Any person who files a complaint knowing it to be false at the time it is made is subject to disciplinary sanctions, up to and including termination of employment or expulsion. A knowingly false claim is different than a claim that cannot be substantiated by the preponderance of the evidence. It’s important to note studies have shown that knowingly false complaints of sexual assault are uncommon.
Should bystanders play a role?
Bystanders can intervene to prevent a potential sexual assault. If your instinct tells you that a situation is wrong, it probably is. Ways to intervene include the 3 D’s:
- Direct (direct intervention with the parties);
- Distract (create a distraction that separates the parties or diffuses the situation); or
- Delegate (get help such as a resident assistant, friend, or police).
If sexual misconduct occurs in an off-campus location, will the College still investigate?
In most cases the College will investigate. Pursuant to the 2020 Regulations, Colleges no longer have jurisdiction to investigate cases occurring outside the United States or on study abroad. If the incident occurs in connection with a Randolph College program or activity in the USA, or it involves an alleged perpetrator who is connected to the College, or if it has continuing effects related to the College, Randolph College will provide support services and protective measures for a complainant and the larger College community, even when the College’s ability to investigate an incident and take direct action against an accused person may be limited.”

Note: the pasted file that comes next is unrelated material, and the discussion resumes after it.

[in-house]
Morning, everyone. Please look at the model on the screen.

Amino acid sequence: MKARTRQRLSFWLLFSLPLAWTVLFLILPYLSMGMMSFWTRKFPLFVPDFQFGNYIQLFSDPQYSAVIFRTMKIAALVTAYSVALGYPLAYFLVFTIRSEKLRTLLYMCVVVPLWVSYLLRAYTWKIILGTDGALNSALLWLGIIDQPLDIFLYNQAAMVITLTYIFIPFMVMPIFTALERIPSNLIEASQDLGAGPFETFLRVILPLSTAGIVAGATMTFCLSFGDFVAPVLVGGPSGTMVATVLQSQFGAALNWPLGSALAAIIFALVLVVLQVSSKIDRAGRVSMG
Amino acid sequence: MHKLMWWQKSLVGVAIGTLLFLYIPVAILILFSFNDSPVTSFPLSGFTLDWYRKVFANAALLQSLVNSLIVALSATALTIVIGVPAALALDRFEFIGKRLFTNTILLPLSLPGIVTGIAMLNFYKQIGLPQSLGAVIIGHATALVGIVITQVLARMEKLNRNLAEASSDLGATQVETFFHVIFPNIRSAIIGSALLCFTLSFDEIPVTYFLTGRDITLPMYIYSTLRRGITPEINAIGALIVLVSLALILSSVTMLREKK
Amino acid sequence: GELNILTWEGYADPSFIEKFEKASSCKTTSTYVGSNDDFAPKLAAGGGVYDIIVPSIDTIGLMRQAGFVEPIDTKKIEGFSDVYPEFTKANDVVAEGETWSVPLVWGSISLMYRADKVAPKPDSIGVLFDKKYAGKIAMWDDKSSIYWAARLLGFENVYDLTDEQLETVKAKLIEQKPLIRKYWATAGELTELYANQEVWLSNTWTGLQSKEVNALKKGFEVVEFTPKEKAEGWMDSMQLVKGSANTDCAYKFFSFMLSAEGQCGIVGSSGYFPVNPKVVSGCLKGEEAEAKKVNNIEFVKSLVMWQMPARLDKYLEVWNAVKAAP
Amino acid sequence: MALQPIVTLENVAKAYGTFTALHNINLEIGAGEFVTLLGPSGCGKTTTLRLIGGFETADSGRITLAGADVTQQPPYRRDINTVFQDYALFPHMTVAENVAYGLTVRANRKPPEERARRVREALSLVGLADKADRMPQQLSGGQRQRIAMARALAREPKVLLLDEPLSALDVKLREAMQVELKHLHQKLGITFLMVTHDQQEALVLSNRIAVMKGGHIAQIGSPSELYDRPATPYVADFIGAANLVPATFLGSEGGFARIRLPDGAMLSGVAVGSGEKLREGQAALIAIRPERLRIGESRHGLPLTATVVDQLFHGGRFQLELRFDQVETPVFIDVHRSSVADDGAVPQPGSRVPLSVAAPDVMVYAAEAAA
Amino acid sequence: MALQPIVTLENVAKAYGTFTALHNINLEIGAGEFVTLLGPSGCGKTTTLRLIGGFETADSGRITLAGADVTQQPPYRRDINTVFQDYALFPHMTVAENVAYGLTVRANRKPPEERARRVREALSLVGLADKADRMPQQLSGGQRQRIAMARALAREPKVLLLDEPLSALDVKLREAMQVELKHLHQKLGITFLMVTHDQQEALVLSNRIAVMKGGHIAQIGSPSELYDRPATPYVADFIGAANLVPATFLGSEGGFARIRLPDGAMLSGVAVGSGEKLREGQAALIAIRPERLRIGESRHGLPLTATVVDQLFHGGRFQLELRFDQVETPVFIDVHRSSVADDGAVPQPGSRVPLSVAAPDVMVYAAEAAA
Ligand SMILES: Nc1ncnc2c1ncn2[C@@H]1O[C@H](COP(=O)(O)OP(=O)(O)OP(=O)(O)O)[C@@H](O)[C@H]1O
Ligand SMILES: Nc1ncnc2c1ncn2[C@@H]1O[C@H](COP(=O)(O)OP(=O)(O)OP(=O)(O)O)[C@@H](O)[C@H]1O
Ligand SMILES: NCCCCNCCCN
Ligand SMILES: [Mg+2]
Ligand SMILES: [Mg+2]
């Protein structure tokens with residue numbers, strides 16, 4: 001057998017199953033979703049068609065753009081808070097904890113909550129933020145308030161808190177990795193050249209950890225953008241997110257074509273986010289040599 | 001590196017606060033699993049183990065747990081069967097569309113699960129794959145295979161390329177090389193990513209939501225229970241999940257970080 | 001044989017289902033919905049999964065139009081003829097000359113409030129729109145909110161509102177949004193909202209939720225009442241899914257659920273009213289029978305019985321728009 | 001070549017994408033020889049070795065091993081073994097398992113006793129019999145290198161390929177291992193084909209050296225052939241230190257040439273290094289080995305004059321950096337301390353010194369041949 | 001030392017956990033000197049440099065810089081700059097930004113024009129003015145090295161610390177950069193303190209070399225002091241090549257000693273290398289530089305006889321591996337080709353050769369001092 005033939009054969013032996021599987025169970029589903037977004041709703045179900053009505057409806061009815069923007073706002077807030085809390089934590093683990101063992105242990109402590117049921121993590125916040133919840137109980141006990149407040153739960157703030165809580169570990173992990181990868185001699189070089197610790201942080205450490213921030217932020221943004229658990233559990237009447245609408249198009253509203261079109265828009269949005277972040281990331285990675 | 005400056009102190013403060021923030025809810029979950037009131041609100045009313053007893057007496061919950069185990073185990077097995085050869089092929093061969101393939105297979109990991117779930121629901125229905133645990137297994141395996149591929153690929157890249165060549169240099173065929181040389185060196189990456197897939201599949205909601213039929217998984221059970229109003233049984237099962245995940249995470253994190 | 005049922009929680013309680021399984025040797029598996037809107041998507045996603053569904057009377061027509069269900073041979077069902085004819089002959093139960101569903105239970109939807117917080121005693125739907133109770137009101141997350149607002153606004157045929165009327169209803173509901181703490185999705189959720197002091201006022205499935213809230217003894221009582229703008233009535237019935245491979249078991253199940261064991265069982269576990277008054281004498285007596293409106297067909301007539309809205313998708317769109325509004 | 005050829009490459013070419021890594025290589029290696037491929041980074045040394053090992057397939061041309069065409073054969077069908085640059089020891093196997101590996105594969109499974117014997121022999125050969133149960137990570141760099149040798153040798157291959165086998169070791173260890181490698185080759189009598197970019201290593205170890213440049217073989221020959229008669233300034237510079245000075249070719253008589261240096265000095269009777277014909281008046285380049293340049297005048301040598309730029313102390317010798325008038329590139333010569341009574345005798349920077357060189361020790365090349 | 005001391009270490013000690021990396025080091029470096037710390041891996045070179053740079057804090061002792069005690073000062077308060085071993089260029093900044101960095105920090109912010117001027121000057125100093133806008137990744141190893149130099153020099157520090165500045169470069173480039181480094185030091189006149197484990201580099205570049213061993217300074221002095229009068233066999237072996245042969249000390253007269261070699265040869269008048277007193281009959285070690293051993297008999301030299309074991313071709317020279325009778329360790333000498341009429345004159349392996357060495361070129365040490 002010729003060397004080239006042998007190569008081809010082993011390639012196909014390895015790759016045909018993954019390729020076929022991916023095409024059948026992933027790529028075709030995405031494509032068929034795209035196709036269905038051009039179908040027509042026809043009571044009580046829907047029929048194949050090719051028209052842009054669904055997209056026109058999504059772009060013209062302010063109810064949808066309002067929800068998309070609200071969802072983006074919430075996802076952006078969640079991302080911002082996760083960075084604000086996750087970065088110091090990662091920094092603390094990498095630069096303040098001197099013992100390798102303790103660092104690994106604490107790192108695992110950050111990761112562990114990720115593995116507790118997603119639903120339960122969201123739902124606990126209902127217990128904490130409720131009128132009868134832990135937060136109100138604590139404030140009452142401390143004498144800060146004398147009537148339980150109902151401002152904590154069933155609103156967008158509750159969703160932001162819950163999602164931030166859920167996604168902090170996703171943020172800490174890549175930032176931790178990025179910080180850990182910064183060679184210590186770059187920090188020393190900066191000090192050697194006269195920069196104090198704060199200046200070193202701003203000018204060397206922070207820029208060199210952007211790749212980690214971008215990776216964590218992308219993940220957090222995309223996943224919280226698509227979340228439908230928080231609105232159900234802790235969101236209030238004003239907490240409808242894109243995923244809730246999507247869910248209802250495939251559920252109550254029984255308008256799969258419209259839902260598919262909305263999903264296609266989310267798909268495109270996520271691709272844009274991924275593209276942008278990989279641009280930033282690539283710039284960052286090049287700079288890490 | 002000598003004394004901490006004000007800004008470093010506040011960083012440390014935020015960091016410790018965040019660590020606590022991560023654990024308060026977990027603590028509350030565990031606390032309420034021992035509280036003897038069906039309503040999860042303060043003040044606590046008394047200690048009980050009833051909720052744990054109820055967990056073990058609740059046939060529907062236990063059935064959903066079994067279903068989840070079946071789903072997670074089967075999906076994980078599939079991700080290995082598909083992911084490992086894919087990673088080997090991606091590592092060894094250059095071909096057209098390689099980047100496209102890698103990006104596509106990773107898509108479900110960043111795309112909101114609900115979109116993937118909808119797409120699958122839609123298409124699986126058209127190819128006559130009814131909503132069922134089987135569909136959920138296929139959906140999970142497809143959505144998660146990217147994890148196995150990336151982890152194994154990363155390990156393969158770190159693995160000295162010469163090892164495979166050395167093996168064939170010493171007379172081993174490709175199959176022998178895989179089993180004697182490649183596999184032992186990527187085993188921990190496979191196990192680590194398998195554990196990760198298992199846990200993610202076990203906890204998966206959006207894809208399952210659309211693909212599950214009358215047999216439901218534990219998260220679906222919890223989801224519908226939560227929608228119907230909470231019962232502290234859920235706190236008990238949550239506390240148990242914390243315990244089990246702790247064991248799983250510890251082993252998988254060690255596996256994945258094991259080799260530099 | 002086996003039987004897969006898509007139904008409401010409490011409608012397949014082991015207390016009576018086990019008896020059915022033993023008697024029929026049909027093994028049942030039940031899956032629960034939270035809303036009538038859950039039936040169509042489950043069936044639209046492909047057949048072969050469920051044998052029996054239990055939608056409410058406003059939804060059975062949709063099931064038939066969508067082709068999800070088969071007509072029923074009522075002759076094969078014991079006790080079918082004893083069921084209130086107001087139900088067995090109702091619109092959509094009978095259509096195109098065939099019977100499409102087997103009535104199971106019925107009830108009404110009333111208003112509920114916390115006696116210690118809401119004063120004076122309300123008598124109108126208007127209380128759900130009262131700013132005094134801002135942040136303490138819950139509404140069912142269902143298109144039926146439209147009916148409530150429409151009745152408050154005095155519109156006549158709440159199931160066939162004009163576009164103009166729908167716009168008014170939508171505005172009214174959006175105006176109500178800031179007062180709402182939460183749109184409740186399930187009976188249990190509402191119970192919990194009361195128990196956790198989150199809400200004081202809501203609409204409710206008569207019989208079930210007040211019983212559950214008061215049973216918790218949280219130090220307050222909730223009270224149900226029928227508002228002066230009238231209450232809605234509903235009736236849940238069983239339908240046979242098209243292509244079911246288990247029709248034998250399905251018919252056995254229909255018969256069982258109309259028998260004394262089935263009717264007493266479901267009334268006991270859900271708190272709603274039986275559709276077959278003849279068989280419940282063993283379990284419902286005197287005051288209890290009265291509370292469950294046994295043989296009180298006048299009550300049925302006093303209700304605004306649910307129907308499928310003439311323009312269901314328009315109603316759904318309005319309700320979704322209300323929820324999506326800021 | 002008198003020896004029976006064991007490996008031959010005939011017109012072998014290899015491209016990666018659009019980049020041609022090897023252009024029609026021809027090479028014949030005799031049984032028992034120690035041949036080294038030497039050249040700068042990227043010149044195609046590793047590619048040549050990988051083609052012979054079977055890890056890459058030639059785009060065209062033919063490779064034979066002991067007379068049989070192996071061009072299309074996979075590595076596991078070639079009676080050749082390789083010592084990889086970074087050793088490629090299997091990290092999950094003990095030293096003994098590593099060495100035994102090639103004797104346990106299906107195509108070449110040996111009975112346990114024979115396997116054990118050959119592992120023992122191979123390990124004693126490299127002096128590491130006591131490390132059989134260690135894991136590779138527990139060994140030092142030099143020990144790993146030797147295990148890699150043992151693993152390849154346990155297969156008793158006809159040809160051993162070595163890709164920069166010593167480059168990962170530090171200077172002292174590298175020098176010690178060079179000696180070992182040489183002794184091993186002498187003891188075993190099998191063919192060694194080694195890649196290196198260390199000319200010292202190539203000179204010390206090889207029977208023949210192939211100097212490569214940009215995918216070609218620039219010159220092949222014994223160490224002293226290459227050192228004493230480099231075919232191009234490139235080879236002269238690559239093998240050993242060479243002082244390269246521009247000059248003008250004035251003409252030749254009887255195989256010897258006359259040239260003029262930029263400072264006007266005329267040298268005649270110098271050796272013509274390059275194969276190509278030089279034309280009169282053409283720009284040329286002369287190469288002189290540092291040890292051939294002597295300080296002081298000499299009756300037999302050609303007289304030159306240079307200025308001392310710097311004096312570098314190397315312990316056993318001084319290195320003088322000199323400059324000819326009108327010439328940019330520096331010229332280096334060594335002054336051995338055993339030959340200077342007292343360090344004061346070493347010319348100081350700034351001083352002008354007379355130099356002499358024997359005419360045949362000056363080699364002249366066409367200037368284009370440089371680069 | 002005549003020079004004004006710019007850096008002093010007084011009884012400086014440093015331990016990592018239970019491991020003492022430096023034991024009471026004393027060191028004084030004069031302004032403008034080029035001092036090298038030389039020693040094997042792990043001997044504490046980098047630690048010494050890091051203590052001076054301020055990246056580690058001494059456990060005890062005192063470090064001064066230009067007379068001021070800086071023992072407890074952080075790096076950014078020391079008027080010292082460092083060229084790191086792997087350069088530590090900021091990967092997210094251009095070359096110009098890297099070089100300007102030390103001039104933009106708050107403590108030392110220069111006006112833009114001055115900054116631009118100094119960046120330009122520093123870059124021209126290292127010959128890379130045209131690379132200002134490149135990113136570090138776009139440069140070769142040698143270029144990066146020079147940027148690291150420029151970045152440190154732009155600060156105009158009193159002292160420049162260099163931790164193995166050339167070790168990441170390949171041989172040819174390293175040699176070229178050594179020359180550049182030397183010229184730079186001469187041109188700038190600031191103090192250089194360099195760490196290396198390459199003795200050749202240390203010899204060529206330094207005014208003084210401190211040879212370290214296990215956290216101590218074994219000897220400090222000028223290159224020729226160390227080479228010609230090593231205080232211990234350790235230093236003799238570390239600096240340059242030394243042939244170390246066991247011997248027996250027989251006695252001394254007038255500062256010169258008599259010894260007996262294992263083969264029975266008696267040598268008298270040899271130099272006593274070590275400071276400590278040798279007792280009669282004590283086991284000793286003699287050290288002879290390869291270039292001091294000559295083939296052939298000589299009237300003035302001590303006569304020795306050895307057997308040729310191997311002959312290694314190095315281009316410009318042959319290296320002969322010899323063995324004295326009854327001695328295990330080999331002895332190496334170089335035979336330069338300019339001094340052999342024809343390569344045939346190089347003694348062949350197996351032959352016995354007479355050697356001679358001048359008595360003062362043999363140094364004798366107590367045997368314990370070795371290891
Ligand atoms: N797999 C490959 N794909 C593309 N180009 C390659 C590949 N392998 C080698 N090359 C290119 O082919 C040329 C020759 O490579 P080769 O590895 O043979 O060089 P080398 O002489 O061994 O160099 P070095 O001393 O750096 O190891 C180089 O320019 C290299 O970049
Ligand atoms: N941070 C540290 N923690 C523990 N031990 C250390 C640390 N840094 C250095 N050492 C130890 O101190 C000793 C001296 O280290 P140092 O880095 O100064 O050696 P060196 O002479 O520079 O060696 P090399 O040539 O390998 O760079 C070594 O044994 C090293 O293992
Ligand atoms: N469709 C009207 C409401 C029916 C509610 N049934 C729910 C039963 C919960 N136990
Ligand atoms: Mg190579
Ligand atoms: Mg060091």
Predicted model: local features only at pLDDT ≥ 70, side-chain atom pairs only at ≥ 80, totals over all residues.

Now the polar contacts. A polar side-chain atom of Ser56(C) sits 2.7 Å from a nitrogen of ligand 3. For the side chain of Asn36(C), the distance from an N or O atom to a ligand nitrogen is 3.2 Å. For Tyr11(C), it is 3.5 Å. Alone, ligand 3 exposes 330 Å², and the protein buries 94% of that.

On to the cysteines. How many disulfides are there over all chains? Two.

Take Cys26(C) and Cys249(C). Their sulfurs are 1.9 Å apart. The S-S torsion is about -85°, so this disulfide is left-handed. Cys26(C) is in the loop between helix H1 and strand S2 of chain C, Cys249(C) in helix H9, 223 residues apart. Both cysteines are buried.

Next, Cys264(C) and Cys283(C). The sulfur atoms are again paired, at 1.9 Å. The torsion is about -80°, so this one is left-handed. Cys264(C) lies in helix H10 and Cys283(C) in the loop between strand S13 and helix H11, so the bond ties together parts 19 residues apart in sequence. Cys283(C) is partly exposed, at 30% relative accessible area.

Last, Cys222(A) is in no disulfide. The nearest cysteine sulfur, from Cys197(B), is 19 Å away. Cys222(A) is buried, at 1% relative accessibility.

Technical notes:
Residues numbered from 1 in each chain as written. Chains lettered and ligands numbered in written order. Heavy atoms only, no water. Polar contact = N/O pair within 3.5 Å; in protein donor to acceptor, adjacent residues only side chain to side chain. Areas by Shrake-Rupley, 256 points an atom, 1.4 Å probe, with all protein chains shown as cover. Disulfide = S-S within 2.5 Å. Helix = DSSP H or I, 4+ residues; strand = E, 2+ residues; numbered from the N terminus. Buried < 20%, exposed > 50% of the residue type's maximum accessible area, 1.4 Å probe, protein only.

Does Randolph College publicize data on the number of sexual assaults each year?
The College publishes an Annual Security Report under the Clery Act, which provides data on the number of various crimes, including sexual offenses, that are reported to have occurred on campus and related areas. The report can be found on the Crime Statistics Summary page of the Campus Safety website.
What is the culture at Randolph College given social media reports related to sexual assaults?
First and foremost, the College condemns sexual violence, rape and all forms of sexual, sex or gender-based harassment, discrimination or misconduct. Zero tolerance is Randolph College’s policy. The painful accounts shared on social media over the summer of 2020, however, made clear we must do more to ensure ours is campus culture of respect. That led us to the effort currently underway and outlined in the President’s August 15, 2020 message to the community.
The College is not alone in addressing these issues. The global #MeToo and #TimesUp movements, to highlight just two of the powerful initiatives focused on ending sexual assault and harassment, illustrate what transparency and collective, creative enterprises can do to end oppressive behavior. Join the College is this critically important effort.